Obama administration defends BP response to oil spill disaster

By Andre Damon
25 May 2010

Amid growing popular anger over BP’s disastrous response to the gulf coast oil spill, the Obama administration came to the company’s defense on Monday, while again rejecting any federal takeover of the response.

Coast Guard Commandant Thad Allen defended BP’s actions at a White House press conference on Monday, calling them “rational.” Allen said that he could not see any reason why the federal government should take over the response to the oil spill.

Allen said that he was “satisfied with the coordination that is going on,” and that BP is “exhausting every technical response” to the leak. He added that “There’s no reason to make a change” to the official response to the oil spill. When asked to clarify whether BP or the US government was in charge of the cleanup, Allen said that the two were working in “partnership.”

Allen’s remarks served to clarify points made earlier Monday by state and federal officials in Louisiana, who made hollow threats against the company, but did not question its controlling role in the cleanup effort. Janet Napolitano, secretary of the Department of Homeland Security, echoed the statement of Interior secretary Ken Salazar that the government will keep its “boot on the neck” of BP. “We are on them, watching them,” she said.

Democratic Senator Richard J. Durbin of Illinois threw in a sound bite as well, saying “BP in my mind no longer stands for British Petroleum—it stands for Beyond Patience.” But these words only served to distract from his support for leaving BP in control of the cleanup. “Excuses don’t count anymore,” he said to the company, “You caused this mess, now stop the damage and clean up the mess. It’s your responsibility.”

BP, meanwhile, continued spraying the highly-toxic Corexit 9500 dispersant onto the Gulf of Mexico, despite a government order instructing it to stop by Saturday. BP has refused to comply with a separate demand issued by the government that it turn over all scientific data regarding the spill in its possession.

“BP basically told the EPA ‘no’ in very certain terms,” said Rick Steiner, an oil spill expert and marine conservationist. Steiner said he found numerous inaccuracies in BP’s response to a government demand that it provide recommendations for alternative dispersants, including the omission of one chemical, JD-2000, which may be less toxic than all the others on the list.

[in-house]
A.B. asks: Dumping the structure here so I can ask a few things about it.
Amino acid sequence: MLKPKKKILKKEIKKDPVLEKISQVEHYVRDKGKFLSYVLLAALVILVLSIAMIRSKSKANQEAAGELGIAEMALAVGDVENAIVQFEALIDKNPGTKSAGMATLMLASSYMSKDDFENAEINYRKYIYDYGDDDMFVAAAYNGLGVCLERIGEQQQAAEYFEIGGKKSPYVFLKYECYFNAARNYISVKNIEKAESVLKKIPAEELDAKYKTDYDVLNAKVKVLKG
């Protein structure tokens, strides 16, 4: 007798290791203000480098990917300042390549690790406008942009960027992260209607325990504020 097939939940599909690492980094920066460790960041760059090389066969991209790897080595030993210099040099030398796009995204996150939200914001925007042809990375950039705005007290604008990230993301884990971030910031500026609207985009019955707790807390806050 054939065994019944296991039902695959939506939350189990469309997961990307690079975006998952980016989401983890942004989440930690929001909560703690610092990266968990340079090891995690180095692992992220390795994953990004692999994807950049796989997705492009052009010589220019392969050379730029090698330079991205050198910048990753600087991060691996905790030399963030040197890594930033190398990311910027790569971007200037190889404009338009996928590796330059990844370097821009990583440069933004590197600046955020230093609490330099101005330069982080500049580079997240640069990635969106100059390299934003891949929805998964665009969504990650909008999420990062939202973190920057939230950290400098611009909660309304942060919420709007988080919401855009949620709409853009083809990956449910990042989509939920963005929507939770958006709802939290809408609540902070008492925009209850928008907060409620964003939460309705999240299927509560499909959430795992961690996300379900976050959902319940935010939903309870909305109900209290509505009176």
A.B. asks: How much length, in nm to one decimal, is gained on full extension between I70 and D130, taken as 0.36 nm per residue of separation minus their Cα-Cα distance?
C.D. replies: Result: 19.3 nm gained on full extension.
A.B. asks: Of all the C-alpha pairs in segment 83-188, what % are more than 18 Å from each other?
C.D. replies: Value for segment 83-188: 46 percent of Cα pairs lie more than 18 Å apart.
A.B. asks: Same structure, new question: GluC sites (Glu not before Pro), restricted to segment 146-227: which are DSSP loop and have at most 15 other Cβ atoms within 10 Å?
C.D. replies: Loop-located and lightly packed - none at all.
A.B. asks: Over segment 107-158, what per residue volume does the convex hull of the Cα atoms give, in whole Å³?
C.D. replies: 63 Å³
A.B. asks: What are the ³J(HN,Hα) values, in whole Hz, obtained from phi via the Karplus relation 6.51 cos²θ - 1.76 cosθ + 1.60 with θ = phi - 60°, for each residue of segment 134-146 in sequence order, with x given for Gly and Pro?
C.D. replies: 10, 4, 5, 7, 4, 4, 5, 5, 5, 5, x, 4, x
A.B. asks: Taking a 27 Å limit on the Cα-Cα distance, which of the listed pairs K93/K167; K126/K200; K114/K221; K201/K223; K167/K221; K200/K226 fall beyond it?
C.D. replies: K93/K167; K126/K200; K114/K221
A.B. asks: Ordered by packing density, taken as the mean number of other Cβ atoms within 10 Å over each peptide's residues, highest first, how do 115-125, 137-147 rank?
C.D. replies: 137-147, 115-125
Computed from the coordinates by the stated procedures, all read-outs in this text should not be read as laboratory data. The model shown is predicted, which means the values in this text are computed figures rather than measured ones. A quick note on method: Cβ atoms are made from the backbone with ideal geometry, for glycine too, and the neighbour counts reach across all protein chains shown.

When asked how the government will respond to BP’s defiance, Allen defended BP by saying its chosen dispersant is “an order of magnitude” less toxic than the oil itself.

“This bypasses the real issue, namely that dispersants actually make oil more toxic,” said Steiner. The higher toxicity of dispersed oil is backed up by numerous studies, including one that concluded unequivocally that “dispersed oils were more toxic than crude oils.”

“Despite everything, the Obama administration is saying: ‘You’re doing a heck of a job Brownie!’ It’s disgusting,” said Steiner, invoking the infamous praise given by George W. Bush to his Federal Emergency Management Agency head, Michael Brown, for the government’s catastrophic response to Hurricane Katrina in 2005. “This is no different than Bush’s response to Katrina.”

Allen also reiterated the claim, repeated continuously since the April 20 explosion, that regulators had no way to foresee the failure of the Deepwater Horizon blowout preventer. This was, again, false, as demonstrated by a 2004 study by the Minerals Management Service, which found that most blowout preventers failed at deep-sea drill sites.

Meanwhile, BP announced that it is siphoning much less oil from the spill than it had previously announced. The company had previously said that it was removing 5,000 barrels of oil every day by means of a tube inserted into the broken marine riser pipe, but on Monday reduced its estimate down to 1,000 barrels per day.

BP said that its latest attempt to shut down the leak, called a “top kill,” would be delayed till Wednesday. The company plans to inject drilling mud into the blowout preventer in an attempt to clog it. If this fails, the company will try the same thing, except with shredded tires. At Monday’s press conference, Allen said that he puts the likelihood of success of these actions at between 60 and 70 percent.

White House press secretary Robert Gibbs also insisted that the White House would not back down from its plans to promote offshore oil drilling. In response to reporters’ questions about Obama’s continued support for the program, Gibbs said only that that the White House has formed a panel to advise the president on ways to prevent future offshore drilling spills.

Despite the claims by the administration that it has put a moratorium on offshore oil drilling, the New York Times reported Monday that seven new permits for gulf drilling, as well as five environmental assessment waivers, have been issued since the moratorium supposedly went into effect. Minerals Management Service personnel told the Times that they had, in the newspaper’s words, “no intention of stopping all new oil and gas production in the gulf.”